Petersen v. Petersen

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Petersen v. Petersen. Filed October 21, 1999 IN THE UTAH COURT OF APPEALS

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Gary V. Petersen,
Petitioner and Appellant,

v.

Julie A. Petersen,
Respondent and Appellee.

MEMORANDUM DECISION
(Not For Official Publication)

Case No. 981652-CA

F I L E D
October 21, 1999
   1999 UT App 306 -----

Second District, Ogden Department
The Honorable Pamela G. Heffernan

Attorneys:
Michael K. Mohrman, Paul M. Belnap, Salt Lake City, for Appellant
Clark W. Sessions, Salt Lake City, for Appellee

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Before Judges Greenwood, Davis, and Jackson.

PER CURIAM:

Appellant appeals an order of the trial court denying his petition to modify a decree of divorce. We affirm.

Appellant contends that the trial court erred in determining that he failed to show that a substantial and material change in circumstances has occurred to support a termination of his alimony obligations. Specifically, appellant asserts that appellee's current financial circumstances, including her employment, her increased assets, and her lack of support obligations, are substantially and materially different than they were at the time of the divorce, when she was unemployed and had six children to support.

Appellant's arguments ignore the statutory mandate that, in order to support a modification of alimony, the alleged substantial and material change in circumstances must be one that was not foreseeable at the time of the divorce. See Utah Code Ann. § 30-3-5(7)(g)(i)(Supp. 1999). In its findings of fact and conclusions of law filed with the original decree of divorce, the divorce court recognized that appellee would have to obtain employment to make up a shortfall between her income and expenses, stating "the defendant has not been employed outside the parties' home, but is in all probability now required to seek employment and additional education and training in order to assist in providing partial support for herself and the parties' minor children." Thus, it appears that appellee's subsequent employment was foreseeable at the time of the divorce.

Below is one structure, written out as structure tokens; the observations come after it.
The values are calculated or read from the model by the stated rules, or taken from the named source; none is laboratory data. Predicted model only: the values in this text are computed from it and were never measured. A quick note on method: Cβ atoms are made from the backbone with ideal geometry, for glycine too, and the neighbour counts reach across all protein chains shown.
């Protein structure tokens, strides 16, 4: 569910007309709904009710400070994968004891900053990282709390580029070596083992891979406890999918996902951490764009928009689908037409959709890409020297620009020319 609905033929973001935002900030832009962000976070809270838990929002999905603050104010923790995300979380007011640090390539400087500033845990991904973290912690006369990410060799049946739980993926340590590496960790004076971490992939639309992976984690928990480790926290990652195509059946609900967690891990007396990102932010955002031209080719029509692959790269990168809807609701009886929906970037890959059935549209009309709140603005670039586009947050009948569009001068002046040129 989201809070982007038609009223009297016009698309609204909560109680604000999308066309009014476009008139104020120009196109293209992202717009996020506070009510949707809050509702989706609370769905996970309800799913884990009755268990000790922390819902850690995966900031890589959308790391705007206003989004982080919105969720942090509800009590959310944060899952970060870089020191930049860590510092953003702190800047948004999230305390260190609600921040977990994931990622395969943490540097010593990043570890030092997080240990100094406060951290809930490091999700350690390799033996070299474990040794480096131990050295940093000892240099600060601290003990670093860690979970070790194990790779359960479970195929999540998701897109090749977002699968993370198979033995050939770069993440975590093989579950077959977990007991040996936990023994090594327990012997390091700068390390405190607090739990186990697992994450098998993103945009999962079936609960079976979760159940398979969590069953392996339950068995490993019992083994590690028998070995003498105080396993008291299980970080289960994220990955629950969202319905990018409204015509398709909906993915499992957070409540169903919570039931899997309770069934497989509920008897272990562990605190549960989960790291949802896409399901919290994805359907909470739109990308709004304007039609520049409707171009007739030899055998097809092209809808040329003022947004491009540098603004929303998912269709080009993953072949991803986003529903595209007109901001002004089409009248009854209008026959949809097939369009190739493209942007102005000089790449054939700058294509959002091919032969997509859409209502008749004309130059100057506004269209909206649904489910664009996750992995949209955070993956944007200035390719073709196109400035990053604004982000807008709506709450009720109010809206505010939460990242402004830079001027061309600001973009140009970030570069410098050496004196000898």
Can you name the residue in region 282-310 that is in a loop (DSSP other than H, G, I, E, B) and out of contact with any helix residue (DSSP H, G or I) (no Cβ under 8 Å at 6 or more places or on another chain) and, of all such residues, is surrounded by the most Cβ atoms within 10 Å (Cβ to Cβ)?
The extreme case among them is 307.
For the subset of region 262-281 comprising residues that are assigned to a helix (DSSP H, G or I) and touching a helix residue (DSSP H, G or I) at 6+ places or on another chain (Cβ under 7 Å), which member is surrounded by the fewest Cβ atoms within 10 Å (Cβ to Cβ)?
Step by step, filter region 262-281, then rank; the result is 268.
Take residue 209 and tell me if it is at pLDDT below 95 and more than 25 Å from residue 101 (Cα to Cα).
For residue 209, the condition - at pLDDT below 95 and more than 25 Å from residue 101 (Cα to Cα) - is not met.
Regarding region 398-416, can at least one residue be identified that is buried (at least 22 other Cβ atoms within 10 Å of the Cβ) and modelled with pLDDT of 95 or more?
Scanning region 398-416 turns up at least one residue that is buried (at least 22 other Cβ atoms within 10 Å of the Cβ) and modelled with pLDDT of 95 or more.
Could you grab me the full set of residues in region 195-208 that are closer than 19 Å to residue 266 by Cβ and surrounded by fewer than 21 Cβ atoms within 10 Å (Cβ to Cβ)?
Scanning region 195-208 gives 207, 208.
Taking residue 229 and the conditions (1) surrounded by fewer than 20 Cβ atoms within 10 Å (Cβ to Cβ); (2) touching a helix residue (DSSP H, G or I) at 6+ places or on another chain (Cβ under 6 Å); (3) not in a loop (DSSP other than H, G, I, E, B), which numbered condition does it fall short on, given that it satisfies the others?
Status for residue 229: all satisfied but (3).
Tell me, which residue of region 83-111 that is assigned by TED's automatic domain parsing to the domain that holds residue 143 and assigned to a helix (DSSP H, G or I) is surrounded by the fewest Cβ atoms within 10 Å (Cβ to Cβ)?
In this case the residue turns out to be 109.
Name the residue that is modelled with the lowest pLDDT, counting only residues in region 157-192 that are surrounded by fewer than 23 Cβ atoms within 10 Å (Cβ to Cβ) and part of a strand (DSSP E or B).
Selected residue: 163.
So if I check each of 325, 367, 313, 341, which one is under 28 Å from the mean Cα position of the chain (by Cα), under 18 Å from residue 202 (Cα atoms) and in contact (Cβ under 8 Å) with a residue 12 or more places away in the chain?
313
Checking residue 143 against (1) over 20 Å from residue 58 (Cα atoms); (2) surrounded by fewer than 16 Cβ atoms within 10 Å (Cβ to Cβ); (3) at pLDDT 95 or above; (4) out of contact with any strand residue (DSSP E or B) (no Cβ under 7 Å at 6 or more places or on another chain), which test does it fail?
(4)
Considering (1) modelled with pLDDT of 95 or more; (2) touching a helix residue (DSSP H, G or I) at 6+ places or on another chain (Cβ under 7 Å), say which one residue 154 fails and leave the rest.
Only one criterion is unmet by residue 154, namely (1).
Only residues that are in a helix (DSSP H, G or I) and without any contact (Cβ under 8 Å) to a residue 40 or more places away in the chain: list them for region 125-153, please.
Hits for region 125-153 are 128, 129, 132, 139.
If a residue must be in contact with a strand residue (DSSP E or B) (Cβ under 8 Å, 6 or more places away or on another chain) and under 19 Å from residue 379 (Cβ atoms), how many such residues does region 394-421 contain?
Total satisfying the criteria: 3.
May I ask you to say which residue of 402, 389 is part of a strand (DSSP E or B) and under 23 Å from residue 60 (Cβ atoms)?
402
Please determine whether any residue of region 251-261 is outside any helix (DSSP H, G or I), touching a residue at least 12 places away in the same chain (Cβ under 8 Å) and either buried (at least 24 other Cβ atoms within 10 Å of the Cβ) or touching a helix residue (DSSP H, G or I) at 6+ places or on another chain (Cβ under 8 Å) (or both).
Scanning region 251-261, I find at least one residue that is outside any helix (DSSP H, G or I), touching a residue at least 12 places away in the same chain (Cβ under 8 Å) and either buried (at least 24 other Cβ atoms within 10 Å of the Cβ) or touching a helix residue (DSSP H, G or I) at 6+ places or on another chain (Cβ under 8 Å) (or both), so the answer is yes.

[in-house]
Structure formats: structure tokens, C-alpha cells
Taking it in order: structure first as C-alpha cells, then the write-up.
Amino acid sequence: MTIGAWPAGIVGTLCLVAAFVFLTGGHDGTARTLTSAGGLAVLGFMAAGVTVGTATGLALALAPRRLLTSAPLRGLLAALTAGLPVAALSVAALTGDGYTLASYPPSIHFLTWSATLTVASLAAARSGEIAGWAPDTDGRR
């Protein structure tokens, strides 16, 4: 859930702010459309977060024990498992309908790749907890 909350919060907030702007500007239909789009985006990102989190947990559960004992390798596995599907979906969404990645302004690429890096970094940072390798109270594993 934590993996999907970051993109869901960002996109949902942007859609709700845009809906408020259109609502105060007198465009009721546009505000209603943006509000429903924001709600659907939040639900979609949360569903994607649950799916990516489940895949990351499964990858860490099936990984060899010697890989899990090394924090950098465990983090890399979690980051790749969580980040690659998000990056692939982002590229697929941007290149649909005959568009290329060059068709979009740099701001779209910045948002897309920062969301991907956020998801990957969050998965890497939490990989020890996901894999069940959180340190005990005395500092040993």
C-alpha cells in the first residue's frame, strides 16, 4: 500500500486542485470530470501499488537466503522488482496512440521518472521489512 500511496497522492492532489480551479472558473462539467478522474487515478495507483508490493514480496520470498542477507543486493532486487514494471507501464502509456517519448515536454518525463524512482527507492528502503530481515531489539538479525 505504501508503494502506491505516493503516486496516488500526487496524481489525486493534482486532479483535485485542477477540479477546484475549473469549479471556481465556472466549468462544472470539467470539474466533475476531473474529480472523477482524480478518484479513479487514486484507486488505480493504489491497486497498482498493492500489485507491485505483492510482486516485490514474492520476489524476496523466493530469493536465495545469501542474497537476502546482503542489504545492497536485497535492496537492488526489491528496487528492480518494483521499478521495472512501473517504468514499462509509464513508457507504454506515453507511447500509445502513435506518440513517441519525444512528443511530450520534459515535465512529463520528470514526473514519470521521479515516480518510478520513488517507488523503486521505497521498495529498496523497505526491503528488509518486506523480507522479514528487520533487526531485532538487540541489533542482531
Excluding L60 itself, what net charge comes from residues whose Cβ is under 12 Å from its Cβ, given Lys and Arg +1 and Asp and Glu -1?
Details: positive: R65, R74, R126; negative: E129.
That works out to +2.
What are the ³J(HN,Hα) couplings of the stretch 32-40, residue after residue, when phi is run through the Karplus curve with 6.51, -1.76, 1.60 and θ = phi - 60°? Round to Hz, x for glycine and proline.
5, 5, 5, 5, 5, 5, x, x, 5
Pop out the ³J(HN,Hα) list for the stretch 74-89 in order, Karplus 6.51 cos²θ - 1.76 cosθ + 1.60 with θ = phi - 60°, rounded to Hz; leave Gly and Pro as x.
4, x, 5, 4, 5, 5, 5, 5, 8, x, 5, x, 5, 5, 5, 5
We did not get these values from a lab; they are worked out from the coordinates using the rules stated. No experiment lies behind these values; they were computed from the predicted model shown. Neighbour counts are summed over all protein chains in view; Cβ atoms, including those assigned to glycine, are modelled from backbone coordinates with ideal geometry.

Moreover, the evidence supports the trial court's conclusion that appellee's financial circumstances are not substantially and materially different from her circumstances at the time of divorce. Appellee is still living in the marital home and paying a substantial mortgage thereon, she is earning less than half of appellant's pre-divorce income while incurring substantially the same level of expenses as she had at the time of the divorce, and her income is still insufficient to meet her expenses while appellant is able to continue alimony payments. Appellant has failed to demonstrate that appellee is able to maintain her pre-divorce standard of living without assistance from appellant. SeeBridenbaugh v. Bridenbaugh, 786 P.2d 241, 243 (Utah Ct. App. 1990) ("The appropriate test to determine whether the termination in alimony [is] appropriate is whether [wife] is now able to provide for herself a standard of living which is equal to that enjoyed during the marriage of the parties."). Accordingly, the trial court did not abuse its discretion in denying appellant's petition to terminate alimony.

Affirmed. Appellee is awarded her attorney fees and costs on appeal. See Moon v. Moon, 973 P.2d 431, 439 (Utah Ct. App. 1999) (stating that where prevailing party on appeal was awarded fees below, they are entitled to an award on appeal). The case is remanded to the trial court for a determination of an appropriate award.
 
 
 
 

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Pamela T. Greenwood,
Associate Presiding Judge
 
 
 
 

______________________________
James Z. Davis, Judge
 
 
 
 

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Norman H. Jackson, Judge